First-person story related by Joe McCord:
I was in about forty feet of water, alone. I knew I should not have gone alone, but I was very competent and just took a chance. There was not much current, and the water was so warm and enticing. But when I got a cramp, I realized at once how foolish I was. I was not very alarmed but was completely doubled up with stomach cramps. I tried to remove my weight belt, but I was so doubled up I could not get to the catch. I was sinking and began to feel more frightened, unable to move. I could see my watch and knew that there was only a little more time on the (oxygen) tank before I would be finished with breathing. I tried to massage my abdomen. I wasn't wearing a wet suit, but couldn't straighten out and couldn't get to the cramped muscles with my hands.
I thought, 'I can't go like this! I have things to do! I just couldn't die anonymously this way, with no one to even know what happened to me. I called out in my mind, 'somebody, something, help me!'
I was not prepared for what happened. Suddenly I felt a prodding from behind me under the armpit. I thought, 'Oh, no, sharks!' I felt real terror and despair. But my arm was being lifted forcibly. Around into my field of vision came an eye - the most marvelous eye I could ever imagine. I swear it was smiling. It was the eye of a big dolphin. Looking into that eye, I knew I was safe.
It moved farther forward, nudging under, and hooked its dorsal fin under my armpit with my arm over its back. I relaxed, hugging it, flooded with relief. I felt that the animal was conveying security to me, and that it was healing me as well as lifting me toward the surface. My stomach cramp went away as we ascended, and I relaxed with security, but I felt very strongly that it healed me too.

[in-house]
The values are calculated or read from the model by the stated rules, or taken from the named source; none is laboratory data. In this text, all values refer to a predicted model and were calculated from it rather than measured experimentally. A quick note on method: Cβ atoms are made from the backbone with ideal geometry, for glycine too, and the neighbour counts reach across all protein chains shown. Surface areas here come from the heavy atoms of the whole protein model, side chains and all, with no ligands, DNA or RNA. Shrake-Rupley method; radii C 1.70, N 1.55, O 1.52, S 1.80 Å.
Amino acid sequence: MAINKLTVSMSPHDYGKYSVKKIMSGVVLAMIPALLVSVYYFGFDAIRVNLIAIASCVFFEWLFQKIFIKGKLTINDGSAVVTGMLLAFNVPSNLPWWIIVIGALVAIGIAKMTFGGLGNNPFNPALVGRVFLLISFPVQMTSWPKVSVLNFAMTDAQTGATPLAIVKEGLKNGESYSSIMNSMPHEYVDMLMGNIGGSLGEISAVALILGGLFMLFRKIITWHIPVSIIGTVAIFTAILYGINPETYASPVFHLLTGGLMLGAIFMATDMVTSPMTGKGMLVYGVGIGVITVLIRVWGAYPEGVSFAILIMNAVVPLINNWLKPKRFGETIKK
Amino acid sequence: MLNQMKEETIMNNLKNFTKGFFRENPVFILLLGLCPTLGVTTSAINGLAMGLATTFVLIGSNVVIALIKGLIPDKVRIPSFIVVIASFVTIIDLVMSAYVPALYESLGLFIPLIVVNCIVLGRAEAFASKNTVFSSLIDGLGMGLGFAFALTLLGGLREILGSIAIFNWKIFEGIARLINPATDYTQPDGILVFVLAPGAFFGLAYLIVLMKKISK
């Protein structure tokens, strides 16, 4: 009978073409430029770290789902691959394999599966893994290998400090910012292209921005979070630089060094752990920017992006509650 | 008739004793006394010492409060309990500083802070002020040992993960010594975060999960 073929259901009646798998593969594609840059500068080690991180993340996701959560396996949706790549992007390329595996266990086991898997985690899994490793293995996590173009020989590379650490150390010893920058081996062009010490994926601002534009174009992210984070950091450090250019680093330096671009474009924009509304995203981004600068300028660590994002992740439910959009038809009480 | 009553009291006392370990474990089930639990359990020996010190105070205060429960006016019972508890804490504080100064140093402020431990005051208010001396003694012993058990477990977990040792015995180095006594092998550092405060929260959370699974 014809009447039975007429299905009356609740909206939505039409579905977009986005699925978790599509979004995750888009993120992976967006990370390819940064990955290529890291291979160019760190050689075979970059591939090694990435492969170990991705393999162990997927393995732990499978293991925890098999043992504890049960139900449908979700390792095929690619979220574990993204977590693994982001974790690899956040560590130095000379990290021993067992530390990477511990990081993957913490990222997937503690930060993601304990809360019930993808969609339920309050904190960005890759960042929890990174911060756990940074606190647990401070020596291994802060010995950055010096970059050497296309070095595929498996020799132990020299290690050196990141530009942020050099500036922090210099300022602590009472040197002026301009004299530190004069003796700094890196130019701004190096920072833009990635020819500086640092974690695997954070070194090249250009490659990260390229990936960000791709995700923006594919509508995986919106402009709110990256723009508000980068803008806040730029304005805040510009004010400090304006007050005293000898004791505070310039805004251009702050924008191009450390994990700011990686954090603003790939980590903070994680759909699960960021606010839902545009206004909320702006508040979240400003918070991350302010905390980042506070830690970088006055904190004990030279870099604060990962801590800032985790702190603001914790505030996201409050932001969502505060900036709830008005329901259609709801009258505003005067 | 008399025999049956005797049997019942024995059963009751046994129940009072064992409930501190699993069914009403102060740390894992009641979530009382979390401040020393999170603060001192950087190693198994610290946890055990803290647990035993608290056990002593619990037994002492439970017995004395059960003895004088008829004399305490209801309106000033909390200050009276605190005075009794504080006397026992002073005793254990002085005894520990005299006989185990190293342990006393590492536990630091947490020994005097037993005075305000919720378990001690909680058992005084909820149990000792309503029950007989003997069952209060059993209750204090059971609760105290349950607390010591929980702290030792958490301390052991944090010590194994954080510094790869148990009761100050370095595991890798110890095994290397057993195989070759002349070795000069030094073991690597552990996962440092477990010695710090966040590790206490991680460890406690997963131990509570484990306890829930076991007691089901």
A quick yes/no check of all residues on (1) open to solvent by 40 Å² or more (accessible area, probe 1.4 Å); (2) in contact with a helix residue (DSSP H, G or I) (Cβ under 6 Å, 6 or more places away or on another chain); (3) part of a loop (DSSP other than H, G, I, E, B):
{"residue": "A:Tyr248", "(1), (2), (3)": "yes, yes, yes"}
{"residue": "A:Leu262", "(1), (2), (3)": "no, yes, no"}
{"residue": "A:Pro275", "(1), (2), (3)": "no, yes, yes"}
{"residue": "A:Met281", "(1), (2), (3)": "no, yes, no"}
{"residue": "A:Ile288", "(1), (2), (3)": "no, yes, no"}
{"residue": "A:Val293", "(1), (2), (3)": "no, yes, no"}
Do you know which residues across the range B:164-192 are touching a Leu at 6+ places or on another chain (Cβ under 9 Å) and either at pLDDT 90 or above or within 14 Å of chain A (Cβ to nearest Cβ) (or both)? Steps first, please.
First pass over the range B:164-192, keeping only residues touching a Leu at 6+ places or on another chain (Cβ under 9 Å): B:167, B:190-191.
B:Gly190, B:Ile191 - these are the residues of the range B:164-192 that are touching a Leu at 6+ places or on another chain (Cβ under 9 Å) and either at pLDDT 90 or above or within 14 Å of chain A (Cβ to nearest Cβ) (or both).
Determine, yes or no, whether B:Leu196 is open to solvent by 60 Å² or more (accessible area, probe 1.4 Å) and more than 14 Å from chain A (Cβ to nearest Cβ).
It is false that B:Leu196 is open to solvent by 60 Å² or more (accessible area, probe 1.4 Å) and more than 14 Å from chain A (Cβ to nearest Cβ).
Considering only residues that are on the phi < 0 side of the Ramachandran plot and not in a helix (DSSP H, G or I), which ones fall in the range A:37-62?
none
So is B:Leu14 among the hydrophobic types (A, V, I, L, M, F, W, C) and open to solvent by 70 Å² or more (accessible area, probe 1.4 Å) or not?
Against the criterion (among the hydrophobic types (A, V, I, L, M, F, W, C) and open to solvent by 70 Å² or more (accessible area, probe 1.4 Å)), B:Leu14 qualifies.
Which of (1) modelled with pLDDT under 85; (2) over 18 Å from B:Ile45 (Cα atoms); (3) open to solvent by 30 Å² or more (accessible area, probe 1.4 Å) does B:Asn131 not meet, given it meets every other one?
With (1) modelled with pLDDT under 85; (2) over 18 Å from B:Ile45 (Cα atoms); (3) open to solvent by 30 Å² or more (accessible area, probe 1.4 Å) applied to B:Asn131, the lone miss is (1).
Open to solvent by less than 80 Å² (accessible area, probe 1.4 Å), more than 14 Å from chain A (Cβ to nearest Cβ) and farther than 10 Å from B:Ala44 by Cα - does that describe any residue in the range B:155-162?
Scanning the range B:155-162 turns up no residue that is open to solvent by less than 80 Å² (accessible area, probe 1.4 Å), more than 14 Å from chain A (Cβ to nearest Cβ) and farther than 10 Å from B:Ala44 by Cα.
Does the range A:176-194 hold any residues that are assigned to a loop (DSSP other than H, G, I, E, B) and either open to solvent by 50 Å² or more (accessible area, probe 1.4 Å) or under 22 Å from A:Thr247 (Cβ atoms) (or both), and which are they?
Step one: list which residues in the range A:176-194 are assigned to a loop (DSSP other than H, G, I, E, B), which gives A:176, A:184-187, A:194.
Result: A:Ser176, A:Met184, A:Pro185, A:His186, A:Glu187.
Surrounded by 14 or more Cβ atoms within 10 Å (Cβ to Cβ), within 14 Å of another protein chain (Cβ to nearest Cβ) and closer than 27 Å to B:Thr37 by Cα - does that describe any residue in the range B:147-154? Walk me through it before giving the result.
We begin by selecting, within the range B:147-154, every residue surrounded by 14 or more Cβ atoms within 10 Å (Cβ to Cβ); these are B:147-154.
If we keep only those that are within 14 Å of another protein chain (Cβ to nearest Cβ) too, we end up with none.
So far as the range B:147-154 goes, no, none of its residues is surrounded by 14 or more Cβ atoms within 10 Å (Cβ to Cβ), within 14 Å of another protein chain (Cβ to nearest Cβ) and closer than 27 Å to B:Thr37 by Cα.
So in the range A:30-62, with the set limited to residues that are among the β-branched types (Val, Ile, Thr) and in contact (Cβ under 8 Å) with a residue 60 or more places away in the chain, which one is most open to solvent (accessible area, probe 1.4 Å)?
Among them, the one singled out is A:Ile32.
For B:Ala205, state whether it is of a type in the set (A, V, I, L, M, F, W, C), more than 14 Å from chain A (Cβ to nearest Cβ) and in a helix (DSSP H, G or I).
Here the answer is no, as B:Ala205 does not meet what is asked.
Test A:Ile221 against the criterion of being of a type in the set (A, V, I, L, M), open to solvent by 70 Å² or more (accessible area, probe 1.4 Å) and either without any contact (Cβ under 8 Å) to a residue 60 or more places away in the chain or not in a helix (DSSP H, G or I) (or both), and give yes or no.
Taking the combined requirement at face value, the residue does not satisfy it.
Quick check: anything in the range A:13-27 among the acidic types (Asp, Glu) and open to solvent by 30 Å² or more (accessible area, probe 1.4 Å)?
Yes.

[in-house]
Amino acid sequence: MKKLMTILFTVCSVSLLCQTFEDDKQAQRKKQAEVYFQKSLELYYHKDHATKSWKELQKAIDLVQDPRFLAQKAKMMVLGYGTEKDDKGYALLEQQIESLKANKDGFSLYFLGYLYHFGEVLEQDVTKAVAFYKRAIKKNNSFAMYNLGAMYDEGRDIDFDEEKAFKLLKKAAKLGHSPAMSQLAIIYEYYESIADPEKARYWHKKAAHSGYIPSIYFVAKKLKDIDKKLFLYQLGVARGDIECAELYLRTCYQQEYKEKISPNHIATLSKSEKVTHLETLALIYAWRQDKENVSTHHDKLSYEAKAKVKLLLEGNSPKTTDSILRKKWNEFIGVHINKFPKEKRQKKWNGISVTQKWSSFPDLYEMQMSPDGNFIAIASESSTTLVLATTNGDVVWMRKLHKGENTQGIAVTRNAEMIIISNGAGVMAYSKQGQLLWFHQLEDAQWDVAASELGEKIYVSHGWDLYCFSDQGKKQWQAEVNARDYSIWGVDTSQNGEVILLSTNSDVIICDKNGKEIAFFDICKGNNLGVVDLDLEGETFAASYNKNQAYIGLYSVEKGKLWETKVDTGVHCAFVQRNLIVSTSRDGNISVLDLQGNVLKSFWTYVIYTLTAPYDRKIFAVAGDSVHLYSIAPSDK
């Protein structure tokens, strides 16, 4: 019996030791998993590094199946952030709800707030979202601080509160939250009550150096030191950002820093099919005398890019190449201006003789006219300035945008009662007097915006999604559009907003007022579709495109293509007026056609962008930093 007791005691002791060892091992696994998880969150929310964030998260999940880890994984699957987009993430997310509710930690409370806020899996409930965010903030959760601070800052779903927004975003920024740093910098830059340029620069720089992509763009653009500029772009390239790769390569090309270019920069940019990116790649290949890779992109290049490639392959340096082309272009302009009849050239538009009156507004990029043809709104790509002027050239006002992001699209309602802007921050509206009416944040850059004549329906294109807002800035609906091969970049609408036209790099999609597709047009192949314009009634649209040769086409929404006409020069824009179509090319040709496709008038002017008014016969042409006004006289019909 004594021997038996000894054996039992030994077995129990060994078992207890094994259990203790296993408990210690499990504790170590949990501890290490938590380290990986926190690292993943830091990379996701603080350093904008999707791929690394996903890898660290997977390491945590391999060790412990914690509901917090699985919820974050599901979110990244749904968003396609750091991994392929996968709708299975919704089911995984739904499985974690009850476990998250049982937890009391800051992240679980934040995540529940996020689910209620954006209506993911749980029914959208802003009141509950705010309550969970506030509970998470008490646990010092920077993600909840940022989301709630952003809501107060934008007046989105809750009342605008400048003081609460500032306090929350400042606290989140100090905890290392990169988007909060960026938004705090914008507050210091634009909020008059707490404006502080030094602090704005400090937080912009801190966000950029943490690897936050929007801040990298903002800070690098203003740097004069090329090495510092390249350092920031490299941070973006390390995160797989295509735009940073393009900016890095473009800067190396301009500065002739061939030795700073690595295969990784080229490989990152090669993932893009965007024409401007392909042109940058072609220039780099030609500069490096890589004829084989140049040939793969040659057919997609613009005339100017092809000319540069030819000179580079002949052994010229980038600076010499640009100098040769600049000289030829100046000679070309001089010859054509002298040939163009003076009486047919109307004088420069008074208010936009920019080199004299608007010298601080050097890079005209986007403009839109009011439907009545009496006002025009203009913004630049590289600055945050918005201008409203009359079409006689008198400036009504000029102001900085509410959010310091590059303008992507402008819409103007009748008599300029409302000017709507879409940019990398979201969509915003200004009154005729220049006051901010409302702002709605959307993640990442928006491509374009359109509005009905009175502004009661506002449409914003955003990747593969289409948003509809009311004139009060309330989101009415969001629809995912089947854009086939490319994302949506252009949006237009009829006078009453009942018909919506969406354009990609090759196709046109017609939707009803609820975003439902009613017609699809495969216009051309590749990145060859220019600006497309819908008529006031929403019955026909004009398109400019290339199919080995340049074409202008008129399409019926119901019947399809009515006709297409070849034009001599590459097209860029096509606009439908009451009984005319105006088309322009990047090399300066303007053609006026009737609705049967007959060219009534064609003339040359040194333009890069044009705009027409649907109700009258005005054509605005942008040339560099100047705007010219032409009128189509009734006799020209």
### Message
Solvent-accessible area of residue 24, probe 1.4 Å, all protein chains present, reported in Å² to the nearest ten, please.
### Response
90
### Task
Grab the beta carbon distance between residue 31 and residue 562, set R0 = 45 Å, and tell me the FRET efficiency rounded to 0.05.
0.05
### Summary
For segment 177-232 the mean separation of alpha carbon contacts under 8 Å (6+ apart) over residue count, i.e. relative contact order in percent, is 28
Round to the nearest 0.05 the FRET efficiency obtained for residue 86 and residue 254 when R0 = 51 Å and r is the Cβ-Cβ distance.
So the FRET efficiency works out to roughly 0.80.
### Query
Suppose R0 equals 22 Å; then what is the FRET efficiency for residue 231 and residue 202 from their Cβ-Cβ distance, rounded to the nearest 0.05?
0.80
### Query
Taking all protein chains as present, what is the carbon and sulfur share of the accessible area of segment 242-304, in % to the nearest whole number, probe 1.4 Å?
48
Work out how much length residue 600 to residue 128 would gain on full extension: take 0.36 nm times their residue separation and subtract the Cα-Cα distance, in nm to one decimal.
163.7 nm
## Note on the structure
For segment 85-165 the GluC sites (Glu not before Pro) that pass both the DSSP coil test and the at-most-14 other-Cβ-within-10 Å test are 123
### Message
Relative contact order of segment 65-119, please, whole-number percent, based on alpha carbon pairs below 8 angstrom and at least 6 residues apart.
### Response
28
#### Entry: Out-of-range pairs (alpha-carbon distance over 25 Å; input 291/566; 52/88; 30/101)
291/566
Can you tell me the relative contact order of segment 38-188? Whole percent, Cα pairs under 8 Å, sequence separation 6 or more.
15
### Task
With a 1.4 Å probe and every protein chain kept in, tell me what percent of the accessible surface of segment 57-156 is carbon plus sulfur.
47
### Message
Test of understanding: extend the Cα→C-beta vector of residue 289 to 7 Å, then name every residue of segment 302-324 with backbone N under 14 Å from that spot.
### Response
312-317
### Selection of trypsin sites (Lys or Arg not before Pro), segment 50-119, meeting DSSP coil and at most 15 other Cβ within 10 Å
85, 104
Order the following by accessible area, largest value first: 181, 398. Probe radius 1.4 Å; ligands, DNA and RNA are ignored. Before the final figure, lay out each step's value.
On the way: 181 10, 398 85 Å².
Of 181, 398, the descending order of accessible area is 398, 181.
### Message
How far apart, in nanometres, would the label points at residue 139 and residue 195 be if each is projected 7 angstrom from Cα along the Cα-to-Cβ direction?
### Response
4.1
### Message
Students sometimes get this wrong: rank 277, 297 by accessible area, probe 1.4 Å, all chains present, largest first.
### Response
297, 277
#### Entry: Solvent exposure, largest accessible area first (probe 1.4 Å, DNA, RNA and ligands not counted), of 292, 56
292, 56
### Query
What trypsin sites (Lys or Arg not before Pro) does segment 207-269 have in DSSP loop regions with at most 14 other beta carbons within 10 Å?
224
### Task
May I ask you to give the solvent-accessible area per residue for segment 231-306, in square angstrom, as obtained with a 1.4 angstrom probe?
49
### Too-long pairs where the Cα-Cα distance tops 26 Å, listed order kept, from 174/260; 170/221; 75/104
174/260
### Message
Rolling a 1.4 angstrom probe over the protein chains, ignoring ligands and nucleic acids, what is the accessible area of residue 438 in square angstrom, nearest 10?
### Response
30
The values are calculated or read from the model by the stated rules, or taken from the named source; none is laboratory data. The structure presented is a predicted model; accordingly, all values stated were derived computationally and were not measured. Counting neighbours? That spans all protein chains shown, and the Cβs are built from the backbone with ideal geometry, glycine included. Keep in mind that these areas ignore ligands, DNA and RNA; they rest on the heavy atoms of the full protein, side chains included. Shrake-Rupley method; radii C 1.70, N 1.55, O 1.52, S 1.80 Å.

At the surface, it drew me all the way in to shore. It took me into water so shallow that I began to be concerned for it, that it would be beached, and I pushed it back a little deeper, where it waited, watching me, I guess to see if I was all right.
It felt like another lifetime. When I took off the weight belt and oxygen, I just took everything off and went naked back into the ocean to the dolphin. I felt so light and free and alive, and just wanted to play in the sun and the water, in all that freedom. The dolphin took me back out and played around in the water with me. I noticed that there were a lot of dolphins there, farther out.
After a while it brought me back to shore. I was very tired then, almost collapsing, and he made sure I was safe in the shallowest water. Then he turned sideways with one eye looking into mine. We stayed that way for what seemed like a very long time, timeless I guess, in a trance almost, with personal thoughts of the past going through my mind. Then it made just one sound and went out to join the others, and all of them left.
Caring for one another, we sometimes glimpse an essential quality of our being. We're reminded of who we really are and what we have to offer one another. When the experience of helping seems so natural, it's not surprising we find ourselves wishing or wondering if things could be like that more or even most of the time.
Excerpted from How Can I Help? by Ram Dass and Paul Gorman, © 1985 by Ram Dass and Paul Gorman. Used by permission of Alfred A. Knopf, Inc.